Just days after Congress approved $500 million in support for “vetted moderate” Syrian rebels, one of those same “vetted moderate” rebel groups currently receiving heavy weaponry from the U.S. has condemned the U.S. for airstrikes on ISIS in Syria earlier this week.
Harakat al-Hazm, which was one of the first Syrian rebel groups to receive heavy weapons from the U.S. this year, issued a statement Tuesday denouncing the U.S. for the anti-ISIS attacks. Harakat al-Hazm has been hailed by the Washington, D.C. foreign policy establishment as “rebels worth supporting” and “a model candidate for greater U.S. and allied support, including lethal military assistance.”
As reported by the L.A. Times:
One of the administration’s favored moderate rebel factions, Harakat Hazm, part of the Free Syrian Army alliance and a recipient of U.S. missiles and training, issued a statement Tuesday denouncing the “external intervention” — that is, the U.S.-led bombing campaign in Syria — as “an attack on the revolution.”
The group said its main goal was toppling Assad. It is demanding “unconditional arming” of the Free Syrian Army, yet its members also acknowledge fighting alongside Al Nusra Front, the official Al Qaeda force in Syria.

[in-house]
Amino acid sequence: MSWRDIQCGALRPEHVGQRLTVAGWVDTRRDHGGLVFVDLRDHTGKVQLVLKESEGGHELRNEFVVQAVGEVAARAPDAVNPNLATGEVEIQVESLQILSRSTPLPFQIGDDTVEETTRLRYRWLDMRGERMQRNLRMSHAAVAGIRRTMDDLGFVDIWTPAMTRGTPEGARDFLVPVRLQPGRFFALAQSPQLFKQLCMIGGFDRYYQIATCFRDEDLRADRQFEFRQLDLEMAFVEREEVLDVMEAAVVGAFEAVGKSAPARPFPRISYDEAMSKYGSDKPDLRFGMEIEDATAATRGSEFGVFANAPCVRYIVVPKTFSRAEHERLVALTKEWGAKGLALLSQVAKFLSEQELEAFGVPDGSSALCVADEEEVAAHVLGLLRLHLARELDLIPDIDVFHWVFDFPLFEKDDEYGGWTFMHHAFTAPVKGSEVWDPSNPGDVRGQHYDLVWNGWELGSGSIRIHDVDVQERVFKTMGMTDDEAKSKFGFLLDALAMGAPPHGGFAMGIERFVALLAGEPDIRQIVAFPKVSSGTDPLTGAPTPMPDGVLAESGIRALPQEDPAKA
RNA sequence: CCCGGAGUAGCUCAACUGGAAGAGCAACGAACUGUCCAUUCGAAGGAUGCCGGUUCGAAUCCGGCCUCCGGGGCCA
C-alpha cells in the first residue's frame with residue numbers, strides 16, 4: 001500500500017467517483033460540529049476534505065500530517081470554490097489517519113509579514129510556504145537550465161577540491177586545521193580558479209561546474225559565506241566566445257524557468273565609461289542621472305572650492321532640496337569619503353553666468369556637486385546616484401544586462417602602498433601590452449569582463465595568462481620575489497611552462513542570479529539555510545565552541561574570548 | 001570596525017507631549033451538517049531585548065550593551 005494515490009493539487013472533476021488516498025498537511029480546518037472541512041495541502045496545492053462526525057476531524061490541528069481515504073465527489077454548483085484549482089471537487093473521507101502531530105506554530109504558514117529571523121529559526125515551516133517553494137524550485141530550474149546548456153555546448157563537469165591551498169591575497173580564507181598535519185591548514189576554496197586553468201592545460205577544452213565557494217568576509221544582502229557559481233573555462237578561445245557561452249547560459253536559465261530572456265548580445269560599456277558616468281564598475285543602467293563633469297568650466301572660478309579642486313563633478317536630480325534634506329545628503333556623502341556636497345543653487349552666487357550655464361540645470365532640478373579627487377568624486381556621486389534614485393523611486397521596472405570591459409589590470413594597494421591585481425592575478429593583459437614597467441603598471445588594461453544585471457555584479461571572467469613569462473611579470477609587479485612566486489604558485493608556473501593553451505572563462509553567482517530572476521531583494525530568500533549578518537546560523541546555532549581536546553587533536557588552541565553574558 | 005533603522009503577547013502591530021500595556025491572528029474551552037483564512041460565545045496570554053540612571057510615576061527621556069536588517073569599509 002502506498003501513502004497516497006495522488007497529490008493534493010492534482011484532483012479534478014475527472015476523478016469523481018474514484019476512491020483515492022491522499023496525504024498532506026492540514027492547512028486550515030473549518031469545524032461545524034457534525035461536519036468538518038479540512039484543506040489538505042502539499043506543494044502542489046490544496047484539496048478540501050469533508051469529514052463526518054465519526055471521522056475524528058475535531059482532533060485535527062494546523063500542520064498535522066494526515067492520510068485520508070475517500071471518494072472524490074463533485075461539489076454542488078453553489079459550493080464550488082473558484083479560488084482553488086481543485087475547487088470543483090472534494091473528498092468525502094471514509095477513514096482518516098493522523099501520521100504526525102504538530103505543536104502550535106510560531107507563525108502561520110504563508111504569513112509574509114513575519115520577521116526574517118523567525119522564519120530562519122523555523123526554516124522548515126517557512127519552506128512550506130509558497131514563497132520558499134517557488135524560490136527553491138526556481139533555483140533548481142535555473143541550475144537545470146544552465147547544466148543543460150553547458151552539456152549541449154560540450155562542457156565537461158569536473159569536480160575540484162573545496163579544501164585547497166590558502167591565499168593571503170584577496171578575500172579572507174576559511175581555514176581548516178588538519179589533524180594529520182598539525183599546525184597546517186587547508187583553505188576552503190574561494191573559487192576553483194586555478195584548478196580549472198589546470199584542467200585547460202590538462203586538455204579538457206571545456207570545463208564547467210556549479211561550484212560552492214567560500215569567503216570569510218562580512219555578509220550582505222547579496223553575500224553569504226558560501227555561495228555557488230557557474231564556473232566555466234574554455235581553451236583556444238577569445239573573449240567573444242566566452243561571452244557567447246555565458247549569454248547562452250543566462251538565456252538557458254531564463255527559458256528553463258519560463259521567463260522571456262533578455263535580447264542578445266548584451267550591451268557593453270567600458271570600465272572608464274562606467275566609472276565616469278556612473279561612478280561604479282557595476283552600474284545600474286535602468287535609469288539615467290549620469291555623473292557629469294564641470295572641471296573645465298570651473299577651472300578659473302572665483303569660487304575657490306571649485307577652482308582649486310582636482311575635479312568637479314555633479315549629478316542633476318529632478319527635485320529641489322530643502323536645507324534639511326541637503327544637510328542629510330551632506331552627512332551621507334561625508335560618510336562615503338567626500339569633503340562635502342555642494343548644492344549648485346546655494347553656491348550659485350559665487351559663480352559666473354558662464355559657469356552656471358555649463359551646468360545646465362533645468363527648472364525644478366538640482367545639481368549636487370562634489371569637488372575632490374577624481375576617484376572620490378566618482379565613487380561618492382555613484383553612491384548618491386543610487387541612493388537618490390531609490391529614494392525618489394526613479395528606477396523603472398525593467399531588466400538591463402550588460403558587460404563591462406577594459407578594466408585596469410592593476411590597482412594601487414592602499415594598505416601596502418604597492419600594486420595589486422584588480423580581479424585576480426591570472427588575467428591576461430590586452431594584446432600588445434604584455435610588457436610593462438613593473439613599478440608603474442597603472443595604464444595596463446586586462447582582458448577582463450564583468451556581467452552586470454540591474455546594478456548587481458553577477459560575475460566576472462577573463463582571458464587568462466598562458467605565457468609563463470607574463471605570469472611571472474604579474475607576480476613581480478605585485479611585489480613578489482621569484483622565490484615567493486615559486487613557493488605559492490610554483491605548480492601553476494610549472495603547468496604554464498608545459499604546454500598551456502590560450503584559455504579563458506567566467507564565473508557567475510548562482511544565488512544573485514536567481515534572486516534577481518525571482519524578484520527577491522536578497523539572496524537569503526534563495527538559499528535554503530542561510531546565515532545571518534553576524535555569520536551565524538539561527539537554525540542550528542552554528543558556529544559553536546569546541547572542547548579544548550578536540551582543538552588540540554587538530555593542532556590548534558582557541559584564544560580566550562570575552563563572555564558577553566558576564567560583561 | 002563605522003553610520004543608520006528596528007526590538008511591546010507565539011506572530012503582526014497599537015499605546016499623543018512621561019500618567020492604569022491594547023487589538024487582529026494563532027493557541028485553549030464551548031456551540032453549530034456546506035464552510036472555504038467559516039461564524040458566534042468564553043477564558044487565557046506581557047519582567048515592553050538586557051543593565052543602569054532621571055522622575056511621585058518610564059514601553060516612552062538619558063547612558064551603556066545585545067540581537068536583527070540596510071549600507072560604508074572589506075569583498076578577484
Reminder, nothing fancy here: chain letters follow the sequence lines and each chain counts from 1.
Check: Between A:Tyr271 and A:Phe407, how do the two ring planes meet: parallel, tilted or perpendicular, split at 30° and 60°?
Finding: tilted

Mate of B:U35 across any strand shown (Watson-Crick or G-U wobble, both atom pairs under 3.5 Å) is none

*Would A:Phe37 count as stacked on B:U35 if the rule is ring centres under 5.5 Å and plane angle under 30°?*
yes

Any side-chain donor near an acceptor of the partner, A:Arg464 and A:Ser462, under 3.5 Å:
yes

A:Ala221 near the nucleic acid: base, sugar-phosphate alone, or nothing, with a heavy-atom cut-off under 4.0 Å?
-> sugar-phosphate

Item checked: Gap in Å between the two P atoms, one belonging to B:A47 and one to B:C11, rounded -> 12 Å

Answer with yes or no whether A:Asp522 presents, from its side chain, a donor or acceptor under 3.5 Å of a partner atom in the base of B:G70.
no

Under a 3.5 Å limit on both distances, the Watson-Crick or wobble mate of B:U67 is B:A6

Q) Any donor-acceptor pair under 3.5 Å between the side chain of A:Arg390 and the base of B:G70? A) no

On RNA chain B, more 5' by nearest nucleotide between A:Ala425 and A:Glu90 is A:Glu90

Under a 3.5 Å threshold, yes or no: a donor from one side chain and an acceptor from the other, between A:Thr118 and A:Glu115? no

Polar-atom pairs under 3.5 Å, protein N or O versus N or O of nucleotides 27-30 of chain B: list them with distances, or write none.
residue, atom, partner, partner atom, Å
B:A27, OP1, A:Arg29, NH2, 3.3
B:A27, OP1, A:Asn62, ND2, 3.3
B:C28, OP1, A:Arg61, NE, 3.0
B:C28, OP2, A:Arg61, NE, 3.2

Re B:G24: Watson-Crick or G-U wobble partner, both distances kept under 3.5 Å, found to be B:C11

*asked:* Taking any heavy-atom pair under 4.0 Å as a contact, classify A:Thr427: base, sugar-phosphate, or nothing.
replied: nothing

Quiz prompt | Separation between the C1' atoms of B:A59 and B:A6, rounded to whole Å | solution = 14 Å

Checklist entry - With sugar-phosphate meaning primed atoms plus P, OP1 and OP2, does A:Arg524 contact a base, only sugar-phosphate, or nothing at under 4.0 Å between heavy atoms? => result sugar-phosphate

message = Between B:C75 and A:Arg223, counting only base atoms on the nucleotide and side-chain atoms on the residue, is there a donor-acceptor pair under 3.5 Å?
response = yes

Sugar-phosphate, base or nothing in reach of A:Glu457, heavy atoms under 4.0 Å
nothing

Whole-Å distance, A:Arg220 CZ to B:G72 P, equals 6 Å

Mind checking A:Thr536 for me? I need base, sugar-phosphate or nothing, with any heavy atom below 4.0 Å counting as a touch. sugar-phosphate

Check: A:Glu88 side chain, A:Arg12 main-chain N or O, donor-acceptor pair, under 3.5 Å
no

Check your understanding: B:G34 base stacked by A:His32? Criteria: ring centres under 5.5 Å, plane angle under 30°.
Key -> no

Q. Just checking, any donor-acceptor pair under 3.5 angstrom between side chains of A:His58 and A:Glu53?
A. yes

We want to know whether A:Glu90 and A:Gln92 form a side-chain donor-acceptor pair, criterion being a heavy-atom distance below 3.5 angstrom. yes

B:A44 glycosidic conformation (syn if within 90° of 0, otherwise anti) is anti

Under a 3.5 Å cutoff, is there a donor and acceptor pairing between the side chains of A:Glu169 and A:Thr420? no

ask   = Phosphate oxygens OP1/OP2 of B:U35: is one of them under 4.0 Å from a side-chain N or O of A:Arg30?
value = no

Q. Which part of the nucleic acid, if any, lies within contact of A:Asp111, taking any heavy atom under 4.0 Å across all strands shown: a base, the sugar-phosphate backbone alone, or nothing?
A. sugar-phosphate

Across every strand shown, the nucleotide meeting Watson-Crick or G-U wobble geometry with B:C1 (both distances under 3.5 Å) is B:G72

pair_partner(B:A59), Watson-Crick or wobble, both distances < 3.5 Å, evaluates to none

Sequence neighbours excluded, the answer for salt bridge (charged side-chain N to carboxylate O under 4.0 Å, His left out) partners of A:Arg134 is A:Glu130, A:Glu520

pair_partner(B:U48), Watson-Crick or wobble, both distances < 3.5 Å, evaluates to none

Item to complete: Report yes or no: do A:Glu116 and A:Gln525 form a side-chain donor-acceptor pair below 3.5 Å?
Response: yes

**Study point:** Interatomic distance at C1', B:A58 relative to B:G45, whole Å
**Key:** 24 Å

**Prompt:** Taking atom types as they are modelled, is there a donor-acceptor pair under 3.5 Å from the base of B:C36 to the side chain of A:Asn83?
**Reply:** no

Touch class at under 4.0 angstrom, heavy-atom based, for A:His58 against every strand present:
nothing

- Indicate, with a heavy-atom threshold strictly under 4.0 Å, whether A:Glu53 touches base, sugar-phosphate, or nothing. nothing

Still, the country’s motley bands of fighters labeled as moderates may well be the White House’s best hope for now. It has few other options.
Here is a copy of the statement by Harakat al-Hazm:
Harakat al-Hazm may sound familiar to PJ Media readers.
Earlier this month I reported that Hazm fighters admitted to an L.A. Times reporter that they were fighting alongside Jabhat al-Nusra, the official al-Qaeda affiliate in Syria. I also noted that despite media claims that Harakat al-Hazm had released a statement of “rejection of all forms of cooperation and coordination” with Nusra, it signed a statement of alliance with Nusra to prevent the Assad regime from advancing into Aleppo.
The Obama administration billed the $500 million approved last week by Congress as aid to the rebel groups to help roll back gains by hardcore jihadist groups, including ISIS.
And now that one of the primary groups to which the U.S. is supplying heavy weapons in order to supposedly “roll back” ISIS gains has not only denounced the U.S. for this week’s airstrikes on ISIS, declaring them an “attack on the revolution,” but is also partnering with a U.S.-designated terrorist group, Jabhat al-Nusra, what hope is there really that the “vetted moderate” Syrian rebel groups are going to accomplish that goal?
And one final question: in light of this catastrophe, who is vetting the vetters?